Actors

            The OSCE worked with about one to two municipalities per component per field office. At the time, the OSCE had thirteen field offices[6]. The main actors during the implementation process of each of these components were generally the Mayor, Speaker, and Municipal Assembly of each of the municipalities[7]. For the Inter-Municipal Learning and Support Component in which municipalities who had identified similar issues and were linked to support one another, individuals were identified to represent each of them[8]. These individuals were usually the most competent in the areas addressed. The Youth Access to Employment Component involved a number of young people in the identified areas who lacked economic stability or opportunity. Training staff was provided to these individuals to help them start a business or create a support network[9].

Results

            The Local First Initiative project was completed in 2012 ahead of the October municipal elections. While a vast majority of the participating municipalities completed their specific components, there were still some that did not have all the procedures and practices in place for effective and accountable governance[10]. The 2012 elections brought a great deal of negative political discourse and subsequently slowed progress in local governmental reform. Since then, however, many new administrations have showed renewed commitment to build upon and sustain achievements of the Local First Initiative[11].

For the most popular components, Municipal Management and Accountability (MMA), Municipal Assembly/Council Support (MA/MC), and Media and Communication (MCC), the OSCE worked with about 14, 20 and 17 municipalities respectively over the four-year period. Implementation generally took less time for the MCC component[12]. Of the 14 municipalities engaged in the MMA component, 8 achieved all governance standards. The remaining made progress but failed to achieve all elements of the component. The Mission also assisted 17 municipalities in the MCC component, but only 10 met the required standards. Of the 20 municipalities who participated in the MA/MC component, 18 achieved the required standards[13]. Critically, the Youth Access to Employment component did achieve its desired results. Youth employment was and remains a huge issue in BiH and by 2011, the OSCE decided to shift its focus away from this component because they did not have the resources to address a problem of this scale[14]. In 2009, only two job fairs were held (attended by 2000 participants), but a total of 27 municipalities held youth entrepreneurship training workshops (400 participants). 28 people succeeded in registering their own private businesses and 150 young people were employed. These numbers increased only slightly in 2010[15].

Conclusion

            In regards to the initial goal set out by the OSCE to “deepen citizens’ engagement with municipalities as a means of ensuring equitable and accountable allocation of public goods and services,” the Local First Initiative can generally be considered a success. In order to “graduate” from the components in which the municipalities participated, each of the elements, which included extensive step-by-step detail, had to be completed. Additionally, the assessment reports were publicized after each three-month period, which helped to increase municipal accountability. A majority of the municipalities who engaged in the MA/MC, MMA, and MMC components successfully completed each of the requirements and made progress in resource management, accountability, transparency, and citizen participation. The main concern following the conclusion of this project is the limited effect the Local First Initiative had on youth access to employment. Although it was and remains to be a significant problem in BiH, the lack of resources proved ineffective when the component was implemented. According to the OSCE project file, among the multitude of problems faced by the young people in BiH, most place unemployment at the top of their list of concerns. Greater attention should be addressed to the youth unemployment problem in BiH in order to create a more active citizenry among the young population.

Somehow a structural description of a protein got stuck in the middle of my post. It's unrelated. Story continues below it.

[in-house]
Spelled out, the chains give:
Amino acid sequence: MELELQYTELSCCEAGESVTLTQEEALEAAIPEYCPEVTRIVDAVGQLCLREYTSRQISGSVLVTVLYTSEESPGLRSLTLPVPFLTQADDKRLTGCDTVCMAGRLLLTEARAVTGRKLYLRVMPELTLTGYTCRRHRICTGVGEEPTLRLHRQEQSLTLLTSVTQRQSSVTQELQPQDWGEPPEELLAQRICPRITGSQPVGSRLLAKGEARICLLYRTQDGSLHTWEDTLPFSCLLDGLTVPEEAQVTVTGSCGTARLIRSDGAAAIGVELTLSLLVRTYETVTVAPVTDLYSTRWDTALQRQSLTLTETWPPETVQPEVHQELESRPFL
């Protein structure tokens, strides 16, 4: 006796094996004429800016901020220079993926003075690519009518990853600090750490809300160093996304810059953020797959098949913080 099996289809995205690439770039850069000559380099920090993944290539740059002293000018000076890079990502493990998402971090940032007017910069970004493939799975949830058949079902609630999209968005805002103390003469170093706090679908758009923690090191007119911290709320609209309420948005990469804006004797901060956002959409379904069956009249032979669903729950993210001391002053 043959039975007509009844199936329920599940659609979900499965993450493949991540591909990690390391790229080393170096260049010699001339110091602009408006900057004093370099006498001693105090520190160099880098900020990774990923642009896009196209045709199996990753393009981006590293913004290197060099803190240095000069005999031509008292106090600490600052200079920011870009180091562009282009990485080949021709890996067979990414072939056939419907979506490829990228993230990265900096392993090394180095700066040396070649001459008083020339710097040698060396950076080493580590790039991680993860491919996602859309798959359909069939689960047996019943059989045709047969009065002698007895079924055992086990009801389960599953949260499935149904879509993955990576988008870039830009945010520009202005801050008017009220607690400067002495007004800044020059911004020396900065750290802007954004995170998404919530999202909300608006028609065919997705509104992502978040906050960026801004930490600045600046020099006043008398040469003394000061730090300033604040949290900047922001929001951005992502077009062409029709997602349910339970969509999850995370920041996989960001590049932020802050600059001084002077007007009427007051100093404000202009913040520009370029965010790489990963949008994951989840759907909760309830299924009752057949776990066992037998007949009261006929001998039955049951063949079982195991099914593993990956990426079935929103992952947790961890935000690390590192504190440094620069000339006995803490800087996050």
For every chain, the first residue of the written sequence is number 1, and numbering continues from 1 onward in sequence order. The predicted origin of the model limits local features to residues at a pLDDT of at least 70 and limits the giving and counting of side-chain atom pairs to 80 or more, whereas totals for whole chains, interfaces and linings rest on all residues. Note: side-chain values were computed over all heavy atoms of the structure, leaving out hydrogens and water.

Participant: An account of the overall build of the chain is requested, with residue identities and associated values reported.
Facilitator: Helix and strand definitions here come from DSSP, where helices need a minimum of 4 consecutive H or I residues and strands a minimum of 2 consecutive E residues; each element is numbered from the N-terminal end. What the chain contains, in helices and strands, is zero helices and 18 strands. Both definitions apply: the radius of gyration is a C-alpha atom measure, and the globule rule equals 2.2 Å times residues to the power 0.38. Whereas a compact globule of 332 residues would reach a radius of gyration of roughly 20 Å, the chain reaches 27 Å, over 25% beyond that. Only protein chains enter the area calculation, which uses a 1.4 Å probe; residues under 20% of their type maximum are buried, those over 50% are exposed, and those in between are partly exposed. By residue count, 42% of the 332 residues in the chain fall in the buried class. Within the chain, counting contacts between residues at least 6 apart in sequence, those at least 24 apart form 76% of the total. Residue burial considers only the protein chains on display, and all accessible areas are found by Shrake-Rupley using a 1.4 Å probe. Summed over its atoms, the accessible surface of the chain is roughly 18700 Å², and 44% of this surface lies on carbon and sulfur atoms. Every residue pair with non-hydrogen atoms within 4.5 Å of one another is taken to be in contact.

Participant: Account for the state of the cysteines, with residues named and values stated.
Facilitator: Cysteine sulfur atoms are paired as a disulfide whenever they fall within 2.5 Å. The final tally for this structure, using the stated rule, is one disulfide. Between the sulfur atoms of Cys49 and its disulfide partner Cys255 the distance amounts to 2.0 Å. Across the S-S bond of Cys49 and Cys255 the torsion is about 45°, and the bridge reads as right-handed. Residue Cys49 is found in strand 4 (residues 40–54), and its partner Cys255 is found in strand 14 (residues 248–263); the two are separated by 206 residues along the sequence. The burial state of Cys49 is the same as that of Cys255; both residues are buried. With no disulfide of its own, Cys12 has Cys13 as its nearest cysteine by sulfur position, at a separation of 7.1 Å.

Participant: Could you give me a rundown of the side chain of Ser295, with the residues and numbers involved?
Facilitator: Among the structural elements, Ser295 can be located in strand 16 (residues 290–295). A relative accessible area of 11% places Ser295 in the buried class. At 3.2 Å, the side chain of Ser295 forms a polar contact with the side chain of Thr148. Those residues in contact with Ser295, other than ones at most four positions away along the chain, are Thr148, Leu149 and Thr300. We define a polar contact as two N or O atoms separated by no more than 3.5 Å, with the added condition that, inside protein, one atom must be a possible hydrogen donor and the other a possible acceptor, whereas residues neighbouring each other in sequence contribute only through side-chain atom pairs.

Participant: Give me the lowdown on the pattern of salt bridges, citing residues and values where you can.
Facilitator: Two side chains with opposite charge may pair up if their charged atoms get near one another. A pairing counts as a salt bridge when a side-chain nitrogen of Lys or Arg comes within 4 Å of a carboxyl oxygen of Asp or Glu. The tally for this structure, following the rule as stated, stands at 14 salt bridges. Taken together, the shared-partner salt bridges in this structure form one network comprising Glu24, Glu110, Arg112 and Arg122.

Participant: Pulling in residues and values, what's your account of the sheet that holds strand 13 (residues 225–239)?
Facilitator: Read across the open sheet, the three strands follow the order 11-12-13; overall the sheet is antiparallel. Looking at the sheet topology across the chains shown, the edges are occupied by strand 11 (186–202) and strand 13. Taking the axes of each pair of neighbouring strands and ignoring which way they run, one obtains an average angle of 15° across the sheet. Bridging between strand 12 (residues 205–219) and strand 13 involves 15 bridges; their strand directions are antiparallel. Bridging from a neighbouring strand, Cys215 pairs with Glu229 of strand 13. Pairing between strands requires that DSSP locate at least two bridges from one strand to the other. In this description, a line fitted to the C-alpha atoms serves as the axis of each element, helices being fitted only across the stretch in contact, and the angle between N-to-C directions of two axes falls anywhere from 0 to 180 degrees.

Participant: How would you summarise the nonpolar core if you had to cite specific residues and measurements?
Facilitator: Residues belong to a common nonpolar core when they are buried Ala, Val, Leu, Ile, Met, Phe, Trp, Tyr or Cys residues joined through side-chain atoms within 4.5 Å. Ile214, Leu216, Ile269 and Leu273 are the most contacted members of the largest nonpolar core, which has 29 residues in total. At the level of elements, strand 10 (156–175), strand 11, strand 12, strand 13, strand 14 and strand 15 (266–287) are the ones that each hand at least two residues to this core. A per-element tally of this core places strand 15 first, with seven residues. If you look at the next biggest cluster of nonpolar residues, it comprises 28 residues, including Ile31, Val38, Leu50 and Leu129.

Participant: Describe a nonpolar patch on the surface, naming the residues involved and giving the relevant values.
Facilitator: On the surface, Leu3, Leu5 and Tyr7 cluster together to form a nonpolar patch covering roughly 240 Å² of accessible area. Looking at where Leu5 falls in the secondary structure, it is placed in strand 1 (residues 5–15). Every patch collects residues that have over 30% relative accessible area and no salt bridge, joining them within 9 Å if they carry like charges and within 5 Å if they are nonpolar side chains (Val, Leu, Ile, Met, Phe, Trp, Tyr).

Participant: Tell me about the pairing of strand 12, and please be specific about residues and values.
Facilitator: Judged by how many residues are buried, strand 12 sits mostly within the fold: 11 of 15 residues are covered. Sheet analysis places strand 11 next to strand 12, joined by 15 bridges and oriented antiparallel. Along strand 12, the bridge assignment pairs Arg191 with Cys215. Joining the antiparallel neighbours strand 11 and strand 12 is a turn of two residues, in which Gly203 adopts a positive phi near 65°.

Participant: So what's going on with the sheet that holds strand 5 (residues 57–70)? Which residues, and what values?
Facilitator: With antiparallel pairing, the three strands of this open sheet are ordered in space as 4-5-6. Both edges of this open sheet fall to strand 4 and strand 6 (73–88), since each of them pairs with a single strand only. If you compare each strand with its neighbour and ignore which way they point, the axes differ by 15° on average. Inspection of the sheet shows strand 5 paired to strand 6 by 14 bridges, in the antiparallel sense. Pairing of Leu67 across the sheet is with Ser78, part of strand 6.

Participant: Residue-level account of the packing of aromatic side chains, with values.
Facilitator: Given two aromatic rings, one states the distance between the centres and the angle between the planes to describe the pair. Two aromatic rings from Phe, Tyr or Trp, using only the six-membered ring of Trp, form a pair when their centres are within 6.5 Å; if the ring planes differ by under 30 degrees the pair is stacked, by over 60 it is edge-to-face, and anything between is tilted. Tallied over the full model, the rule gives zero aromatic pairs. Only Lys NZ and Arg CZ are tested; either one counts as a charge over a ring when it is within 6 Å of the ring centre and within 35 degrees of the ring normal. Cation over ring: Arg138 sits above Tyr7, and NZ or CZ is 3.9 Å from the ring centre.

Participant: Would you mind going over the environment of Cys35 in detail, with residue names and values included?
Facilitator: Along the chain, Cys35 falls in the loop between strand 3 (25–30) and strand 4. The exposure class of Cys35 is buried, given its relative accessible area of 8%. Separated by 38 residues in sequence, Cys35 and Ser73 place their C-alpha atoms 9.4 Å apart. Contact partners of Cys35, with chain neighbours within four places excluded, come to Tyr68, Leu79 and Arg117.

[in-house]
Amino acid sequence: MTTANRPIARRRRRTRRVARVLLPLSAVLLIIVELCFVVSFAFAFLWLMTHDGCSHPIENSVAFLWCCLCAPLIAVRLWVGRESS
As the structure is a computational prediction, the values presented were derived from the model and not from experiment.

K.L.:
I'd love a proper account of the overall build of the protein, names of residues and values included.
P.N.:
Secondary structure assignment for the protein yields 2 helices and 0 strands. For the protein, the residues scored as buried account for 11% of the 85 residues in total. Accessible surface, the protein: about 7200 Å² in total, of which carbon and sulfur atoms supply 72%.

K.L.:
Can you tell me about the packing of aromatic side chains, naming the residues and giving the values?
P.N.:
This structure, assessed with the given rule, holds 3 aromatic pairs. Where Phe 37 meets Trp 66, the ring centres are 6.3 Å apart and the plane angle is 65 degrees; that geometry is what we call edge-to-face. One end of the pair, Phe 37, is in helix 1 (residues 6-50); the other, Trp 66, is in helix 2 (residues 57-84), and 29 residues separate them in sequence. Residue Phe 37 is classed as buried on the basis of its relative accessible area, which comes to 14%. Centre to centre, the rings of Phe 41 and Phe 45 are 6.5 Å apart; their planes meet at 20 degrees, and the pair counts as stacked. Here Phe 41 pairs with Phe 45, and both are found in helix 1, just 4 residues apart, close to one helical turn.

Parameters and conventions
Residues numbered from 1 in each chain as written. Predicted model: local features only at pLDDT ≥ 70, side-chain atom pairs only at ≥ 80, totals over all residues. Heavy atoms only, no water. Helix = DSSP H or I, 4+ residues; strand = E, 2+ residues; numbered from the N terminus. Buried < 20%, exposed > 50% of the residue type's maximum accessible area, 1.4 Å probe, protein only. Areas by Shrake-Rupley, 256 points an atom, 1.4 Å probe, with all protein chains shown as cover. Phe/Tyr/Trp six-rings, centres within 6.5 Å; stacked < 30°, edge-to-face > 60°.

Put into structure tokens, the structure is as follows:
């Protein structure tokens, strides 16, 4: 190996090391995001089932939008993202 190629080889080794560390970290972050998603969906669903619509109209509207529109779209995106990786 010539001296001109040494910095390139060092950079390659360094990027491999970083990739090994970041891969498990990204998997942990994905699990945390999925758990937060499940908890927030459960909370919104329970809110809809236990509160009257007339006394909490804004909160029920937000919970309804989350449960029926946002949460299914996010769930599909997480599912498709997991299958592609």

[1] Ambassador Gary D Robbins, Head of the OSCE Mission to Bosnia and Herzegovina

[2] “Local First,” OSCE Mission to Bosnia and Herzegovina, p. 1

[3] “Local First,” OSCE Mission to Bosnia and Herzegovina, p. 2

[4] “Local First,” OSCE Mission to Bosnia and Herzegovina, p. 3.

[5] “Local First,” OSCE Mission to Bosnia and Herzegovina, p. 4

[6] William Richard, Head of Communications and Reporting Unit, OSCE BiH

[7]  “Local First,” OSCE Mission to Bosnia and Herzegovina, p. 4

[8] “Local First,” OSCE Mission to Bosnia and Herzegovina, p. 32

[9] “Local First,” OSCE Mission to Bosnia and Herzegovina, p. 51

[10] 2012 Annual Report, Local First Initiative, p. 1

[11] Ibid.

[12] William Richard, Head of Communications and Reporting Unit, OSCE BiH

[13] 2012 Annual Report, Local First Initiative, p. 2

[14] William Richard, Head of Communications and Reporting Unit, OSCE BiH

[15] 2012 Annual Report, Local First Initiative, p. 2